Headaches galore. Russian is even worse. This is one of the reasons I continue to put it off. All the above from just sentences! Here are two more: I must give it to him. I want to give it to her.
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These two are to see if auxiliary verbs exist, or if the end of the each verb changes. Learning the variations of a half dozen verbs gives you access to all verbs. If these auxiliaries are expressed as changes in the verb often the case with Japanese instead of separate words Chinese, for example , you are in for a rough time in the beginning. If possible, I will have them take me through their alphabet, giving me one example word for each consonant and vowel.
Think Portuguese is just slower Spanish with a few different words? Think again. I recommend you get some ice for your mouth and throat first. The Russian Phonetic Menu, and…. Reading Real Cyrillic 20 Minutes Later. Chinese fails since tones multiply variations of otherwise simple sounds, and it also fails miserably on phonetic systems.
If you go after Mandarin, choose the somewhat uncommon GR over pinyin romanization if at all possible. Long story short, this is because tones are indicated by spelling in GR , not by diacritical marks above the syllables. Picking your target is often more important than your method.
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Thanks to Brian Oberkirch for the inspiration. Like Liked by 6 people. The more ways or options you have to learn languages, the higher the chance is that you find a way that you like and this helps you to increase your speed of learning. Thanks for sharing your thoughts on how to learn a language, it increased my language learning skills. Like Liked by 1 person.
Great post Tim! Good point about being selective in choosing a language first. I have decided to learn Spanish in 3 months.
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After those 3 months, I will go to Spain and live for a week without speaking english. And videotape some pickup videos where I hit on spanish girls in spanish. Not meaning to generalize, either, but there seems to be generalities needed. I was reading information on Euskara Basque this week for example, in preparation for a trip to Northern Spain in December. I myself have been reading your blog since a client told me about reading your book.
Granted, people with a 4-hour work wee often have more time on their hands that other businesspeople may not have — but these 4-hr people may not have the finely-tuned multiprocessing mind that you so obviously have. In short, your brain runs very hot and at extra speed.
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Back to the languages — I have just returned from almost 5 weeks in Shanghai, where I picked up a modicum of Chinese, probably a combination of Mandarin and Shanghainese and odd-assorted dialect pronunciations thrown in. I never fully got a handle on the language because its permutations were so vast — who was speaking what language? I have even spent the last week back here in the states getting some things translated into Chinese — weeding through Mandarin and Shanghainese idioms to recreate the feelings of the phrases.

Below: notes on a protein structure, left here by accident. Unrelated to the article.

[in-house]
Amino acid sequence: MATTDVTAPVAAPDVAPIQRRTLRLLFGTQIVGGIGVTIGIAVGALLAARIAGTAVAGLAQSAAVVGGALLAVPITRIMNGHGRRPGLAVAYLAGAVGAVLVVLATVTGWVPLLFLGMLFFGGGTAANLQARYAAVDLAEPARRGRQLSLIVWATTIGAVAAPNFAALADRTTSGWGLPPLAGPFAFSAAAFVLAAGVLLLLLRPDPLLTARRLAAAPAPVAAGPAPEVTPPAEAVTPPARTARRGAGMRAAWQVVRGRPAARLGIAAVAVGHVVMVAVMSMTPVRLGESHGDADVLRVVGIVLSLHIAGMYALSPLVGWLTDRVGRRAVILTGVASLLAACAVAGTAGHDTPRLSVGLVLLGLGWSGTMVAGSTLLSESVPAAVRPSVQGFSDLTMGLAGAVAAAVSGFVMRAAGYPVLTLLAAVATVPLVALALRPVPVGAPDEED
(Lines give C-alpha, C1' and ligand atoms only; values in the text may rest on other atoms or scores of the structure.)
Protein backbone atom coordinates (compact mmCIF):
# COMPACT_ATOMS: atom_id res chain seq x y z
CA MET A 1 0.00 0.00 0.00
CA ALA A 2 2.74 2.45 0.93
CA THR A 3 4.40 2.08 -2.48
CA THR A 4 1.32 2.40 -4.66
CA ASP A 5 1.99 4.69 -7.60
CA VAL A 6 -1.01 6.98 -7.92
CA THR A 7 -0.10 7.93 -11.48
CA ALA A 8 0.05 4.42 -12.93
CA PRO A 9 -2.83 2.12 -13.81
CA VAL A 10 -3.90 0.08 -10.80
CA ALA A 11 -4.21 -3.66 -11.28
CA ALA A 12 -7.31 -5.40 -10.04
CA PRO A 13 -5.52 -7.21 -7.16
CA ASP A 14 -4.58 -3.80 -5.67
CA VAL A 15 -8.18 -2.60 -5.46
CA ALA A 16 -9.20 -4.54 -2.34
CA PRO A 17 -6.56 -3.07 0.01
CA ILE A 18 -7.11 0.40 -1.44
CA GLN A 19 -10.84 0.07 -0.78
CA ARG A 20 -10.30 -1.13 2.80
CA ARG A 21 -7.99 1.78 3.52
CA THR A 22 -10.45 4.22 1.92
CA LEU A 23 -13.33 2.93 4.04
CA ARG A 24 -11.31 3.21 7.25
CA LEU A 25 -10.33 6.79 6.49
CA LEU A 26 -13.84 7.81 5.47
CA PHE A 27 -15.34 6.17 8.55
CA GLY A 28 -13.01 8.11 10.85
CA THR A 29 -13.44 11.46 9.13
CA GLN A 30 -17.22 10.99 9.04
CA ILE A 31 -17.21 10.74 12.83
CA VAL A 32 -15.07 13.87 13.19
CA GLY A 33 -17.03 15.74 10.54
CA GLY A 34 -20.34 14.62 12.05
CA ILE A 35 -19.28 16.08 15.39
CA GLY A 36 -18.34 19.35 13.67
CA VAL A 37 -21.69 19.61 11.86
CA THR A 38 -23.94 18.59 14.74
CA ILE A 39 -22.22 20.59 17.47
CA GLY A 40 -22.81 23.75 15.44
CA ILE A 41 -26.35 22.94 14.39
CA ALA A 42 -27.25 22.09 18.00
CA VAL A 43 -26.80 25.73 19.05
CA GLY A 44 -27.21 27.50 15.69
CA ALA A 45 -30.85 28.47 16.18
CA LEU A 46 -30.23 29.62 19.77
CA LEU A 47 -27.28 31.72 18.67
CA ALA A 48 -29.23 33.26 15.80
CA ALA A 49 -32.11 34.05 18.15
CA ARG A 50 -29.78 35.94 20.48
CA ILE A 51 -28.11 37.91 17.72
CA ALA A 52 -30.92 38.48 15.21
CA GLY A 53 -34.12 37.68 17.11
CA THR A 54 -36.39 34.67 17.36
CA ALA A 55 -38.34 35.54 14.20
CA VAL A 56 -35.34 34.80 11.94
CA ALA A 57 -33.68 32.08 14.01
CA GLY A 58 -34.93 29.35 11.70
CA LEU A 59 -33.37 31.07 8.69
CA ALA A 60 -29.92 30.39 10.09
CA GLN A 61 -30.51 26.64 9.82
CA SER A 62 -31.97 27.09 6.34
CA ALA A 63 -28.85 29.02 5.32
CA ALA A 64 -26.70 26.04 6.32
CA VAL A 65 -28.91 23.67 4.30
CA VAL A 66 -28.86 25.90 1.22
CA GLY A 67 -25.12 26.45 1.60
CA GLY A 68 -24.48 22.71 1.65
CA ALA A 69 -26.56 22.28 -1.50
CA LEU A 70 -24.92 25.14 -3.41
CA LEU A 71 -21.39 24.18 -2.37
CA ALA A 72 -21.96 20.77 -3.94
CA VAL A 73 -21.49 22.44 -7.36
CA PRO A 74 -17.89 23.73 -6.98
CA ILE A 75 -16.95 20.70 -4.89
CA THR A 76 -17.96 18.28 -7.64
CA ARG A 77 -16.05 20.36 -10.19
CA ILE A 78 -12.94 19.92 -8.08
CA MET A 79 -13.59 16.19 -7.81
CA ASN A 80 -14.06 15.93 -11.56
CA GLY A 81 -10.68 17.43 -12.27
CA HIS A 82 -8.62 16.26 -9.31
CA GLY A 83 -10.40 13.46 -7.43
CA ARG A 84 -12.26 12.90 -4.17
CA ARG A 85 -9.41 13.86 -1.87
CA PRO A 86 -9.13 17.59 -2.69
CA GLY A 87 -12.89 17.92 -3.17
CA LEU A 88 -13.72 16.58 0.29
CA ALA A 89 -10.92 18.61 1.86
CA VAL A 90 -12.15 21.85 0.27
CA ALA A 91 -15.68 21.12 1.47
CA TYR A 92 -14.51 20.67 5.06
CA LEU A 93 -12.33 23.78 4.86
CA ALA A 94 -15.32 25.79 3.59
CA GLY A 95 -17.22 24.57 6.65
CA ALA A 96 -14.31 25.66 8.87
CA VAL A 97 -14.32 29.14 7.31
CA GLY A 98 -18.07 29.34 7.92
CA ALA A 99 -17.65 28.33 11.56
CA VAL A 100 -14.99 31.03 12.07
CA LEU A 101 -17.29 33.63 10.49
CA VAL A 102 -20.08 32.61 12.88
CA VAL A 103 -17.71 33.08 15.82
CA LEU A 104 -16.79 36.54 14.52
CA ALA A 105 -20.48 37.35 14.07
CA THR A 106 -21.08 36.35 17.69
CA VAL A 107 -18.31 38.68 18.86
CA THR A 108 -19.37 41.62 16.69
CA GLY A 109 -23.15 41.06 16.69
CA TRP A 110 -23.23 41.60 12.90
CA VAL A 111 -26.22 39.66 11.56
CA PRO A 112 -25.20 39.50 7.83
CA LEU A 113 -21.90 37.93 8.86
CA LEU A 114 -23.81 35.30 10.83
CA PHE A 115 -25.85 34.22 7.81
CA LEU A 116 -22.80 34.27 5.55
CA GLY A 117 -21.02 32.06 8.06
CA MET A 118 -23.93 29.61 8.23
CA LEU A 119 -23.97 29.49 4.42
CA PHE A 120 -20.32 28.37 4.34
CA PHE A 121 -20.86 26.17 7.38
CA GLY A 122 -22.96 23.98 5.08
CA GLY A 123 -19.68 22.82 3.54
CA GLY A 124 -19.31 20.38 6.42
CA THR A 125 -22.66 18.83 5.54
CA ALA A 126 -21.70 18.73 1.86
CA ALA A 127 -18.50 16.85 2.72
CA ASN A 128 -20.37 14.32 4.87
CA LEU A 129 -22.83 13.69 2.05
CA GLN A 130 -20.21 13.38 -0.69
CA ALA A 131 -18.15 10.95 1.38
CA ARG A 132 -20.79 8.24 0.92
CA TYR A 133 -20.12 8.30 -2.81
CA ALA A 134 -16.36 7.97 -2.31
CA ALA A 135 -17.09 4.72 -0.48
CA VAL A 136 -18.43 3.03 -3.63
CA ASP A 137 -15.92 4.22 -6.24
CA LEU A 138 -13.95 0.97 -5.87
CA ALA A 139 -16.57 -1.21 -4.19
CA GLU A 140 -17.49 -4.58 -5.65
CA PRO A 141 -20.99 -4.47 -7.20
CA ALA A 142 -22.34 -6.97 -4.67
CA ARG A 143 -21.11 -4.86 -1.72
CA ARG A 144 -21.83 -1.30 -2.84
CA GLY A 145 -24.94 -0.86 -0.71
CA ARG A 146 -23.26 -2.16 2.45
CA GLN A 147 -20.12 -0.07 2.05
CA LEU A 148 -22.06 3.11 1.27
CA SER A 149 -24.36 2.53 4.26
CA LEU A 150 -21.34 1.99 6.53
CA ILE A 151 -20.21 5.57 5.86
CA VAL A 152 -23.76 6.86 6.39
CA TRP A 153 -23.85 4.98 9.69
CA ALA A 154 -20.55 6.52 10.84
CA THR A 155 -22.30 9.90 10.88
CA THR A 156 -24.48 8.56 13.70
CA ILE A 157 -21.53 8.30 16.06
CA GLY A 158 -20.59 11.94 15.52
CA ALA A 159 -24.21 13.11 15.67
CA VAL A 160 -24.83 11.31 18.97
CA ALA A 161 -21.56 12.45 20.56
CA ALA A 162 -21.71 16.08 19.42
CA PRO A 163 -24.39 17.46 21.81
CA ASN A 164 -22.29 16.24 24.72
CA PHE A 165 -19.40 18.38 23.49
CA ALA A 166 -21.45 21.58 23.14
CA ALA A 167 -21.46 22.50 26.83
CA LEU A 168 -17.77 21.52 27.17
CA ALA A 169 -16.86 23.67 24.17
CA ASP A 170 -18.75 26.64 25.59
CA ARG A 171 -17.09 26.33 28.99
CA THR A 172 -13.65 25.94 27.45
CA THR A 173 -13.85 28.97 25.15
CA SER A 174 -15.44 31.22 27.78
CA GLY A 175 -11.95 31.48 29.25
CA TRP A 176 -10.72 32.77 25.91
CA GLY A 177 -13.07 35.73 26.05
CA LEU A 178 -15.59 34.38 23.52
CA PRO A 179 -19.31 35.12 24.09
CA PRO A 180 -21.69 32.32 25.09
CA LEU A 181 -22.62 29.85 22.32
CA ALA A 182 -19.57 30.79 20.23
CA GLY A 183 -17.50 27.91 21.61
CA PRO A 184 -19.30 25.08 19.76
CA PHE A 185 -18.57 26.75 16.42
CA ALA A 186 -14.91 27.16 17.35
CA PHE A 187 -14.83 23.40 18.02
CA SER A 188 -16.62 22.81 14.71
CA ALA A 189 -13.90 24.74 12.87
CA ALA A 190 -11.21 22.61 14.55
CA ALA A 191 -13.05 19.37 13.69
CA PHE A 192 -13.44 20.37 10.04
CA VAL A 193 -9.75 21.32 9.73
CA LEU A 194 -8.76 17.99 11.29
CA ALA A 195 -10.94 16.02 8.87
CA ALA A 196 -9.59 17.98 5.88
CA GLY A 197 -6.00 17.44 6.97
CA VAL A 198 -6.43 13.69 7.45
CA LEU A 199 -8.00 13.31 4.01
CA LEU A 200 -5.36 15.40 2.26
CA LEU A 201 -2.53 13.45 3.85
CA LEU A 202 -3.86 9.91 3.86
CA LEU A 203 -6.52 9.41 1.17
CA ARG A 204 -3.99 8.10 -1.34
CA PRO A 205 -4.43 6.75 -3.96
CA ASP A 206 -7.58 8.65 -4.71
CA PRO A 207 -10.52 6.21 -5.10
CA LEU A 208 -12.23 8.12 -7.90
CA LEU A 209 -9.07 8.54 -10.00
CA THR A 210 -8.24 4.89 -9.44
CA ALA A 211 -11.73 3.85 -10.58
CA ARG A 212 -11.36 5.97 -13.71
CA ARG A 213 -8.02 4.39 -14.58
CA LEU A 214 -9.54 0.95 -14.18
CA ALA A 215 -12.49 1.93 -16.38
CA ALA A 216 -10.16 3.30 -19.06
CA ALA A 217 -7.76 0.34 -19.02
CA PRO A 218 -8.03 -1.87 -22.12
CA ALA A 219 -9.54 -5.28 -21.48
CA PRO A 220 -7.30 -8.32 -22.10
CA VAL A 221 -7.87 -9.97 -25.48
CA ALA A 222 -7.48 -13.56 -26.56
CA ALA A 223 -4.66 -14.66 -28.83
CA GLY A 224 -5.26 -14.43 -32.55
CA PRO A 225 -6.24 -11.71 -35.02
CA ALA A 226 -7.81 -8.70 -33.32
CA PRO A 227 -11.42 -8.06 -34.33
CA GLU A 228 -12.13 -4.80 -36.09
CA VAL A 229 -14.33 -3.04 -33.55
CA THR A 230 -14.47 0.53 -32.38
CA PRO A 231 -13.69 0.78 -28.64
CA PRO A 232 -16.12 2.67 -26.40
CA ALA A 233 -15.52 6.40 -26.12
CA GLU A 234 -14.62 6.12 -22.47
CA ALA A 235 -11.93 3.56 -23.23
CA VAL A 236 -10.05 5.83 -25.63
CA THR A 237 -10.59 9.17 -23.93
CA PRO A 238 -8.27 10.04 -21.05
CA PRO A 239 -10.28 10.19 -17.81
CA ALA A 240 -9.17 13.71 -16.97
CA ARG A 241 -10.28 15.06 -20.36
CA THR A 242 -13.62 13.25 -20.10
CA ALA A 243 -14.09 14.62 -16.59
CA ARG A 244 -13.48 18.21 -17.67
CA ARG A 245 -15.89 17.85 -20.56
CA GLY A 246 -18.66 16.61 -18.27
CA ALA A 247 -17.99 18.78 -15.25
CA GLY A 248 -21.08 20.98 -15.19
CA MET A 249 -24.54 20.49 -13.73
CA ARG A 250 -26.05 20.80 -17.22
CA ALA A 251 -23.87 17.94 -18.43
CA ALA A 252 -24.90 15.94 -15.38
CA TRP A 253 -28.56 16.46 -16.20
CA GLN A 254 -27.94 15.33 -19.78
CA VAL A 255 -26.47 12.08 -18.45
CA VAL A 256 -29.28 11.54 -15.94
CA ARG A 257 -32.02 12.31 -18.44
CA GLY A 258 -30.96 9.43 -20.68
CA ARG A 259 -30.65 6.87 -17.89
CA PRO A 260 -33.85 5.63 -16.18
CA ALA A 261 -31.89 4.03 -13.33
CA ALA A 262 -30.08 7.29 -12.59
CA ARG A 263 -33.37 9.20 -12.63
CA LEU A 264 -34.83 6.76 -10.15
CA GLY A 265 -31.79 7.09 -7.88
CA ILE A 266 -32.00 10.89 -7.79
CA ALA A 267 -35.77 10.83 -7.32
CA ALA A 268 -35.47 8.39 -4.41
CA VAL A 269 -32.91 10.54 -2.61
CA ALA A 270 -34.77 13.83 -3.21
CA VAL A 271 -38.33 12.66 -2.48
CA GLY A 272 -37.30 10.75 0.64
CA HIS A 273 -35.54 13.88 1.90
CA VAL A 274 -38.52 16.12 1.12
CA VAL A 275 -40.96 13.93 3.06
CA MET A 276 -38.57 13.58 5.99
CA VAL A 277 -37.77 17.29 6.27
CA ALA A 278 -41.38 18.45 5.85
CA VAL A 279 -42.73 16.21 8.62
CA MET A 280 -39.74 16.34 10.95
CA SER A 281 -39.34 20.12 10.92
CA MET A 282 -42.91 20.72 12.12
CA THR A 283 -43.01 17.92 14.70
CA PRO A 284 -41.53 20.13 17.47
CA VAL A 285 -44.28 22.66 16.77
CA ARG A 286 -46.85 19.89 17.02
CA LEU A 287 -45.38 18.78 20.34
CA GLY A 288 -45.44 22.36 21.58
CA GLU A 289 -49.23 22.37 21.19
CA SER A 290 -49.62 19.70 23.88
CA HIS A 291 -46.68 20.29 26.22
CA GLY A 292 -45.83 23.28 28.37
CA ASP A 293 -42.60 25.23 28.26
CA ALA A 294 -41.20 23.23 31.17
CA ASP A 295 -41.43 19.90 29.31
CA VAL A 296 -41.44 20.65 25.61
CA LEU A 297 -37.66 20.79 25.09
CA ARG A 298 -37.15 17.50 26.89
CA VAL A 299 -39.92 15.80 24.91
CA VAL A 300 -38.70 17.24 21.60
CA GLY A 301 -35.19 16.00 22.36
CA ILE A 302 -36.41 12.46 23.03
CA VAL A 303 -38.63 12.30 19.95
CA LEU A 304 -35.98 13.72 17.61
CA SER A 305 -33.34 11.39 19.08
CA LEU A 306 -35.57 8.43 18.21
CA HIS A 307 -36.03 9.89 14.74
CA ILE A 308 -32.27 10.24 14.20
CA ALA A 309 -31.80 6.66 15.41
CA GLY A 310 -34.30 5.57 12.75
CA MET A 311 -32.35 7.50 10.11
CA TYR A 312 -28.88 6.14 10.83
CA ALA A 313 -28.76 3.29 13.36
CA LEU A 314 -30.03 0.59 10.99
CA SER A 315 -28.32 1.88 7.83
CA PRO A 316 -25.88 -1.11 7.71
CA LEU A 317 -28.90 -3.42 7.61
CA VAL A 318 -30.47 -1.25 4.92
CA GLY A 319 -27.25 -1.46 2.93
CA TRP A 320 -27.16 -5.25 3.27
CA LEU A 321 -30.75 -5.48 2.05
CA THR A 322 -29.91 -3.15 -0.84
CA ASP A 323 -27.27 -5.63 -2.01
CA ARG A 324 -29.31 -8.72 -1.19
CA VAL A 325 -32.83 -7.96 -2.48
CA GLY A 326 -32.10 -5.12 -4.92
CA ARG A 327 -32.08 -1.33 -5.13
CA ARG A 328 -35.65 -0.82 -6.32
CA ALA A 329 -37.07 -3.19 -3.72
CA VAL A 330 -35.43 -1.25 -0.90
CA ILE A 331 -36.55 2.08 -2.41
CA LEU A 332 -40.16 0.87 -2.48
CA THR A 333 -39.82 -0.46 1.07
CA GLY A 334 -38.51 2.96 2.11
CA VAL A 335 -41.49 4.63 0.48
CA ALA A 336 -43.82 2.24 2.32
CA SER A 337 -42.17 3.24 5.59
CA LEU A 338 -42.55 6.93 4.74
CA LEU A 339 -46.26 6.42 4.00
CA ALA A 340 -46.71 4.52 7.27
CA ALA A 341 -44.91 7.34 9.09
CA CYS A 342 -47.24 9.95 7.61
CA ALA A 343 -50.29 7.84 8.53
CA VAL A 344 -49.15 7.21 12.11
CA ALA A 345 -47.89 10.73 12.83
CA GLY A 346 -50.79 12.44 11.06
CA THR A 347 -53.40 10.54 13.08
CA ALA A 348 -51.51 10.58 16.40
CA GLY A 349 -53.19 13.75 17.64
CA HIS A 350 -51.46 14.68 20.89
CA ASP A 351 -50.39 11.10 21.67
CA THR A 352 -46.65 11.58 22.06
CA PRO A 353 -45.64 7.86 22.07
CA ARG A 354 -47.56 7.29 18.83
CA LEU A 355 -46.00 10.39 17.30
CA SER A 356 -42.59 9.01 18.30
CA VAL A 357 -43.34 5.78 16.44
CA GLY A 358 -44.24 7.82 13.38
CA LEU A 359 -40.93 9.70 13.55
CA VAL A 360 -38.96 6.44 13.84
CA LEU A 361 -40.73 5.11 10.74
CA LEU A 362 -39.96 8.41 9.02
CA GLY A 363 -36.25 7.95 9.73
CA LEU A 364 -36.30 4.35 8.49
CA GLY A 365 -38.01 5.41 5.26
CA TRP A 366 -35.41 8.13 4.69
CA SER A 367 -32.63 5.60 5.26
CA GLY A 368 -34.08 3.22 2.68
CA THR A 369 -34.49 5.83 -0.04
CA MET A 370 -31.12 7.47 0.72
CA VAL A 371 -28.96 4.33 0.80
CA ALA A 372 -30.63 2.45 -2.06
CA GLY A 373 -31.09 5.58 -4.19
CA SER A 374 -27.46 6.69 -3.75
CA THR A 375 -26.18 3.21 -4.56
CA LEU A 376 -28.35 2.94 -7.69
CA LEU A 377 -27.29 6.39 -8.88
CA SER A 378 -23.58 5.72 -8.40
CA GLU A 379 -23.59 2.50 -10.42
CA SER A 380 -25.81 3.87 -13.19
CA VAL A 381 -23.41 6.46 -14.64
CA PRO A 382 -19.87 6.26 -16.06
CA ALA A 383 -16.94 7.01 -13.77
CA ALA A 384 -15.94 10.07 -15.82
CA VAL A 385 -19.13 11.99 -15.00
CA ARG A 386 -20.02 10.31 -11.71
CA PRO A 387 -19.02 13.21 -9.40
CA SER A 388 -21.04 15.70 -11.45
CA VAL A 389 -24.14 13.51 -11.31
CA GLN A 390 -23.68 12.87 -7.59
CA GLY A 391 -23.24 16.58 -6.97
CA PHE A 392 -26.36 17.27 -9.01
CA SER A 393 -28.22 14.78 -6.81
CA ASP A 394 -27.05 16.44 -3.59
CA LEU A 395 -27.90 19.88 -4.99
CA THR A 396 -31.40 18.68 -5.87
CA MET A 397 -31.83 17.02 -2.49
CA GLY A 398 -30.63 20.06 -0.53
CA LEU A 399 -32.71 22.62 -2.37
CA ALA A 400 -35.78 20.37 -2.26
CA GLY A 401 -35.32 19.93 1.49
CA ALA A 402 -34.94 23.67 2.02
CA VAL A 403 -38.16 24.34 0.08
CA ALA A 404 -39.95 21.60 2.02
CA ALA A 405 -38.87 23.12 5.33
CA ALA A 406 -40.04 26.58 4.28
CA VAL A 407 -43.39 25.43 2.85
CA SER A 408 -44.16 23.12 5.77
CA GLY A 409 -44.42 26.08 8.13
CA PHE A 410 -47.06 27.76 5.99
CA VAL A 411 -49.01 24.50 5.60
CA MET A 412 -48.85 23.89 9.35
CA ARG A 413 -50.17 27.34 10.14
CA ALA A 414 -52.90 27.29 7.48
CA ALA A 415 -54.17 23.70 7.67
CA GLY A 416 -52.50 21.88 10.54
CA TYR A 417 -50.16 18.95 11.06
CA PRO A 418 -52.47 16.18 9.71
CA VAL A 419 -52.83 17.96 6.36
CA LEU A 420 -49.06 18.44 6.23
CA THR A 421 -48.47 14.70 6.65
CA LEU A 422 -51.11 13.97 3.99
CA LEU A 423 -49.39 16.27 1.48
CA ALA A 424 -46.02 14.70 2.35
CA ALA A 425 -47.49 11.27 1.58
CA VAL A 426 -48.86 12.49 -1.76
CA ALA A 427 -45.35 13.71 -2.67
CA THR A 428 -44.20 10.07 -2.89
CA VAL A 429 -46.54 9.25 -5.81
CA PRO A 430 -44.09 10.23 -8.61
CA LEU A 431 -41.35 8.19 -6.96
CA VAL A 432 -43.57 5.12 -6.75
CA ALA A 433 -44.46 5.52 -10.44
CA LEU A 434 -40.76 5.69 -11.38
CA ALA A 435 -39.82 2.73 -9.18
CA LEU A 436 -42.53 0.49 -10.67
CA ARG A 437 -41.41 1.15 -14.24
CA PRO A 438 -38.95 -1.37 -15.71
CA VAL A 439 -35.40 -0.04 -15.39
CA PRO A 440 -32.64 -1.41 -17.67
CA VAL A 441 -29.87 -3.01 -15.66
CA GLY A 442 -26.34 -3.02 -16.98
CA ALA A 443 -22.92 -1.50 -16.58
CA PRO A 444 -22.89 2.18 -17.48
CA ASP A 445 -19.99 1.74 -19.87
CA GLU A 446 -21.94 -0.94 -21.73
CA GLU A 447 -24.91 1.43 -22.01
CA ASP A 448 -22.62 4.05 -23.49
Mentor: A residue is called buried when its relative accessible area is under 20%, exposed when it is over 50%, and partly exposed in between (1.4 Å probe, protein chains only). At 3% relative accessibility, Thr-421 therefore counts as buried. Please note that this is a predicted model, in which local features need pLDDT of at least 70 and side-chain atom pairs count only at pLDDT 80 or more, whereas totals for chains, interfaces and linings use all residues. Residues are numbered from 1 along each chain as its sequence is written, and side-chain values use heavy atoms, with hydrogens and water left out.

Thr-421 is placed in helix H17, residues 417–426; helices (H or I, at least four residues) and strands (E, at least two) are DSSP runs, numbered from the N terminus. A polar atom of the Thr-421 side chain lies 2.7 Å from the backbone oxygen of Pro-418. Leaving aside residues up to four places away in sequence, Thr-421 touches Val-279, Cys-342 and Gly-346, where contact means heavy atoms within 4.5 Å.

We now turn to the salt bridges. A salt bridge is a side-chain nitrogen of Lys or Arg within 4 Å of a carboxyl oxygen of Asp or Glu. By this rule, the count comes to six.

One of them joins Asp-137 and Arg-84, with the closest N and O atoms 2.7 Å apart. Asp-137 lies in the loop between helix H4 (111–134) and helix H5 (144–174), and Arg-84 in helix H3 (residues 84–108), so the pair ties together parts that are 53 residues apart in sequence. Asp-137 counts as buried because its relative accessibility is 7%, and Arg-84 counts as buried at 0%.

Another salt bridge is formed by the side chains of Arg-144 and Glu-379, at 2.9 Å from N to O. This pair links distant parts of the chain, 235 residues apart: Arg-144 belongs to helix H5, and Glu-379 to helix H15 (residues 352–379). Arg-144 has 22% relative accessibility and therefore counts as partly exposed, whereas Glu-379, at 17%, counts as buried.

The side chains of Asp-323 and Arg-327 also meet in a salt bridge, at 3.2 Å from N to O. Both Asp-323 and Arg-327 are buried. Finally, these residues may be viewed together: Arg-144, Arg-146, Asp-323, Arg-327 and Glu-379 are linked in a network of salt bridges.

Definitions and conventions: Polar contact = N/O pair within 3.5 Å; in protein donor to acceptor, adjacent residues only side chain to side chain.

Your brain works on overdrive, Tim, and at least there are a few of out there sometimes on the same page with you! Like Like. I live in China, and have done for some years. I currently live in a small city of about 1 Million about 3 hours drive North East of Shanghai. The city is part of a bigger city. Both languages have similarities but they are not the same.
Likewise in Shanghai; one area will have a similar language to that of another area but not the same. The phonemes will be different and the grammar too, but the meanings will be very similar. Those similar languages will be thousands of years old though affected by cultural changes, i.
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A person native of Shanghai could master all of the Shanghai languages providing they heard them from early youth but if not they would not and would need an interpreter as is true of all local languages of the world. Putonghua is bridging language of which local variations exist for local bridging purposes such as in a big city as Shanghai or Beijing or the biggest of them all, Chongqing. In Shanghai the most common language will be Putonghua as the people speaking it will be non native residents of Shanghai as Chinese cities have a majority of non native residents. But, living in Shanghai one will find that the local Shanghai language is very common and many people trying to speak it creating even a greater number of local dialects.
Such is true in any country. To really grasp Shanghainese you really need to go live there and find the common denominators of it, that is, the most common usages of it in a range of geographical locations. I have found that to be true in the 4 large Chinese cities I have lived in; Qingdao, Zhengzhou, Shenhzhen, and Hong Kong, over 7 years.